Take that, you racists. A day that had dawned with the grim sight of an effigy of Vinícius Júnior hanging from a bridge ended with him going wild, celebrating the third goal of a dramatic night in which Real Madrid came from behind to defeat Atlético 3-1 and head into the semi-final of the Copa del Rey, leaving their city rivals with nothing left to chase this season. There was vindication in the reaction, the Brazilian shouting, clenching his fists, pumping his arms and eventually dancing, which is what he does, a message in the way he moves, and why not? The question now is what consequences there will be.
The buildup to a wonderful game, an old-style derby to delight, had, after all, been overshadowed by another episode to depress. Overnight, some Atlético fans had placed a banner from a bridge near Real’s training ground, declaring “Madrid hates Real”. Beneath it, an inflatable doll wearing a Vinícius shirt, rope around its neck. This was not the first time he had been subjected to racist abuse: when these teams met in September, a group of Atlético supporters chanted that he was a monkey. That time, he and his teammates had danced in celebration of a 2-1 win – a point made if not heeded, depressingly.
Atlético have a small, hardcore far-right fan group and as the two teams prepared to meet again, the effigy appeared. Both clubs released statements condemning the act while the league’s president, Javier Tebas, vowed to find those responsible. Vinícius’s camp told Reuters they were aware of it but he would not allow it to get in the way what lay ahead, however unavoidable that he felt: he had a match to play first. One to win, too.
They won it the way Madrid tend to. As Carlo Ancelotti warned, as if Atlético even needed telling: “Real Madrid always come back.” And so it was another telling of the never-ending story for Atlético, who led through an Álvaro Morata goal but, reduced to 10 men, lost once again. Diego Simeone had insisted that these games should not go to extra time but an astonishing late Rodrygo goal took them there and if that felt like some inescapable fate, what followed was even more inevitable. A Karim Benzema strike in the 105th minute effectively put them through before Vinícius had his moment of him.
Real’s victory hadn’t always seemed likely, except that is when it seems to be most likely. Atlético took control early and took the lead early too, Morata finishing off a move that had taken them virtually the length of the pitch until a neat clipped pass from Koke released Nahuel Molina behind the Real defense on the right. First time, on the volley, he sent the ball across the six-yard box to the far post where the Spanish striker couldn’t miss.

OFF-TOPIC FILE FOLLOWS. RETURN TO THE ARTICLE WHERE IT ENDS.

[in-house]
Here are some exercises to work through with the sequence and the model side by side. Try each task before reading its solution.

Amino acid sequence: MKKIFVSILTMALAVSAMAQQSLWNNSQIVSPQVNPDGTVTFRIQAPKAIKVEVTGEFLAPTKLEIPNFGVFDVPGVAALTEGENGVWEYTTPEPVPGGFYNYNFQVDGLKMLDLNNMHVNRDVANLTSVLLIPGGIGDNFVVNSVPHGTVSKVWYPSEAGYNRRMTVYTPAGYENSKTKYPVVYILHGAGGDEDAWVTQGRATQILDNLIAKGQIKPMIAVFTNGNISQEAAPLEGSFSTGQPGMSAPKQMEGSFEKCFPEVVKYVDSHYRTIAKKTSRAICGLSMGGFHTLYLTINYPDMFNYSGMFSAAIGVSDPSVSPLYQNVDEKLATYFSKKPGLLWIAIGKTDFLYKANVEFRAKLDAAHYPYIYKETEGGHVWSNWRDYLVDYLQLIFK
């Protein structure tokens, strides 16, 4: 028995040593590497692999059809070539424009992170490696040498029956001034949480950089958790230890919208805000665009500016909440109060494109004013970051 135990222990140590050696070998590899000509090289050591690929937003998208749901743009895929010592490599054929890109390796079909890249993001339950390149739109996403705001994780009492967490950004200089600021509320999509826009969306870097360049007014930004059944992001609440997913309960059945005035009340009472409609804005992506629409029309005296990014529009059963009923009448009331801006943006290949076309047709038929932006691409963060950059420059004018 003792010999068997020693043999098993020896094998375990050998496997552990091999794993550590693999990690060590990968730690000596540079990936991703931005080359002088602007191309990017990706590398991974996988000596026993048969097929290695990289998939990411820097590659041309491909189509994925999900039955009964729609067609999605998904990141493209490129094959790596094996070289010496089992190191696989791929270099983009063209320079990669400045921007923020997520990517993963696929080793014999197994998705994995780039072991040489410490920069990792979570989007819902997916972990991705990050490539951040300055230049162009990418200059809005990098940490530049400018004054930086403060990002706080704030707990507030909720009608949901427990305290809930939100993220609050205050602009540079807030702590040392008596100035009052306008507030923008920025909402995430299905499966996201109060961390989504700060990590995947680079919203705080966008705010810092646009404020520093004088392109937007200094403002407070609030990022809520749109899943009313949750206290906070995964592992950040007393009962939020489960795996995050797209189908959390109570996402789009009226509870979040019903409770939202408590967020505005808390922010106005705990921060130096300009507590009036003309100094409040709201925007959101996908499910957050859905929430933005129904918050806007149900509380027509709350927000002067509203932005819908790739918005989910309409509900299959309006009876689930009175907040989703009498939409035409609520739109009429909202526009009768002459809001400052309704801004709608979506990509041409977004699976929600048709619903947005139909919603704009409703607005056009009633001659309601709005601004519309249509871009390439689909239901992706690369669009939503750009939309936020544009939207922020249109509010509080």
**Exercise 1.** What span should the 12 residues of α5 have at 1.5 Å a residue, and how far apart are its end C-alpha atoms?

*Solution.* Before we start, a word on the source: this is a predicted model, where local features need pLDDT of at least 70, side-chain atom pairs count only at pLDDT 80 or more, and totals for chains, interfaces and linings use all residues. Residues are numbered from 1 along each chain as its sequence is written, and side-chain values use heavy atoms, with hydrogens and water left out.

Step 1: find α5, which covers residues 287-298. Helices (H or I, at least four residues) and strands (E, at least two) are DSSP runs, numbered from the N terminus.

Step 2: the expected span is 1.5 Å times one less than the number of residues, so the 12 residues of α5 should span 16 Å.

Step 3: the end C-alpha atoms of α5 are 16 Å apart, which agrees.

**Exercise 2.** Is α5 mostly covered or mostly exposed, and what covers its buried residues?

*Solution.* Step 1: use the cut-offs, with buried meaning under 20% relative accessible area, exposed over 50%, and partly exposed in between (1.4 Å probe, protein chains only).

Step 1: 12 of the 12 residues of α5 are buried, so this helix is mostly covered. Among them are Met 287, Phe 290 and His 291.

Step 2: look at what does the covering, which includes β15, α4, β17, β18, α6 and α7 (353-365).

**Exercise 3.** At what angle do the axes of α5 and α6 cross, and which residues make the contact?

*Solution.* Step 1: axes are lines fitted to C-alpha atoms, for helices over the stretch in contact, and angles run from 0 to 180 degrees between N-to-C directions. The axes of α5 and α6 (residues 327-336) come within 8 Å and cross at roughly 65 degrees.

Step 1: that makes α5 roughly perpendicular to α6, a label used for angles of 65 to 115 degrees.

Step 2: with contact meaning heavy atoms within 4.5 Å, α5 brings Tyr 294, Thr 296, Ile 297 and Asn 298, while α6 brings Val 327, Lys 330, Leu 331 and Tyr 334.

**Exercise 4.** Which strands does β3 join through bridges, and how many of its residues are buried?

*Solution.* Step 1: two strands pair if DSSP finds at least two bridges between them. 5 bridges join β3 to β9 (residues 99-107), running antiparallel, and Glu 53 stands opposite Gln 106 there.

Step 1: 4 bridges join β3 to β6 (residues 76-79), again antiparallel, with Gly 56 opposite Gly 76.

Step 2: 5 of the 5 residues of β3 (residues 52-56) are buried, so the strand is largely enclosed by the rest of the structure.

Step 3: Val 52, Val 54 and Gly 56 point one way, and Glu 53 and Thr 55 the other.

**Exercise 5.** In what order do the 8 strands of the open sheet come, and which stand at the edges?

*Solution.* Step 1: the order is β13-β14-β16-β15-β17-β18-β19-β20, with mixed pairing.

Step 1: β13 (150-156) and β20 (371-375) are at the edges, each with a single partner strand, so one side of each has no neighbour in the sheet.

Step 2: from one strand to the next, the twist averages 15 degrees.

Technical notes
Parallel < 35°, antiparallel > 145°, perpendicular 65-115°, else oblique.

It wasn’t too long before another clever clipped pass, this time from Rodrigo De Paul, found Thomas Lemar in a similar position to the one Molina had occupied. This time it ran across the face of goal, just beyond the reach of Morata, and past the far post, but it was a faithful reflection of the football being played, Antoine Griezmann at the heart of it. The good news for Real was that it was only one goal and if anyone knows there is always a way back it is them. They had shown as much recovering from 2-0 down to beat Villarreal 3-2 and reach this quarter-final.
Atlético know that quality only too well of course. They realized a reaction was bound to come and so it did, Reinildo Mandava and Mario Hermoso having to intervene to deny Vinícius and Luka Modric as the game become faster and more open. Above all, it belonged more to Real, now finding room into which to run, a Nacho shot flashing past three men in the area: Fede Valverde, Vinícius and Benzema were all unable to turn it goalwards. Next an extraordinary pass from Valverde from wide on the right somehow went right through Benzema’s legs.
Griezmann now seemed a long way away, harder for his teammates to find, until suddenly he was dashing away with 20 minutes to go. The move eventually ended with a foul on the edge of the area. Griezmann smashed in the free-kick, hard and high, but Thibaut Courtois’ hands were strong, palms pushing away. From the corner, an overhead kick from Axel Witsel flew wide. If Real’s momentum had slowed, their momentum came – and it was absurd.
The substitiute Rodrygo, who had rescued them in the Champions League last season, didn’t really have anything on when he received the ball 30 yards out. Hips swaying, pace changing, he dropped a shoulder, glided past Witsel’s lunge, went beyond Hermoso, ball flitting from one foot to the other, beat Savic and then, with the outside of his boot, curled it in at the near post.
This was on edge now, and it almost fell Atlético’s way when Griezmann found Memphis Depay, on as a sub, and he drew a sharp low save from Courtois. But these two teams were heading into familiar territory: their last six one-off games have all gone to extra time, the one thing Simeone had wanted to avoid. Perhaps he knew, because Savic was sent off and there was Benzema. And, at the very end, Vinícius too.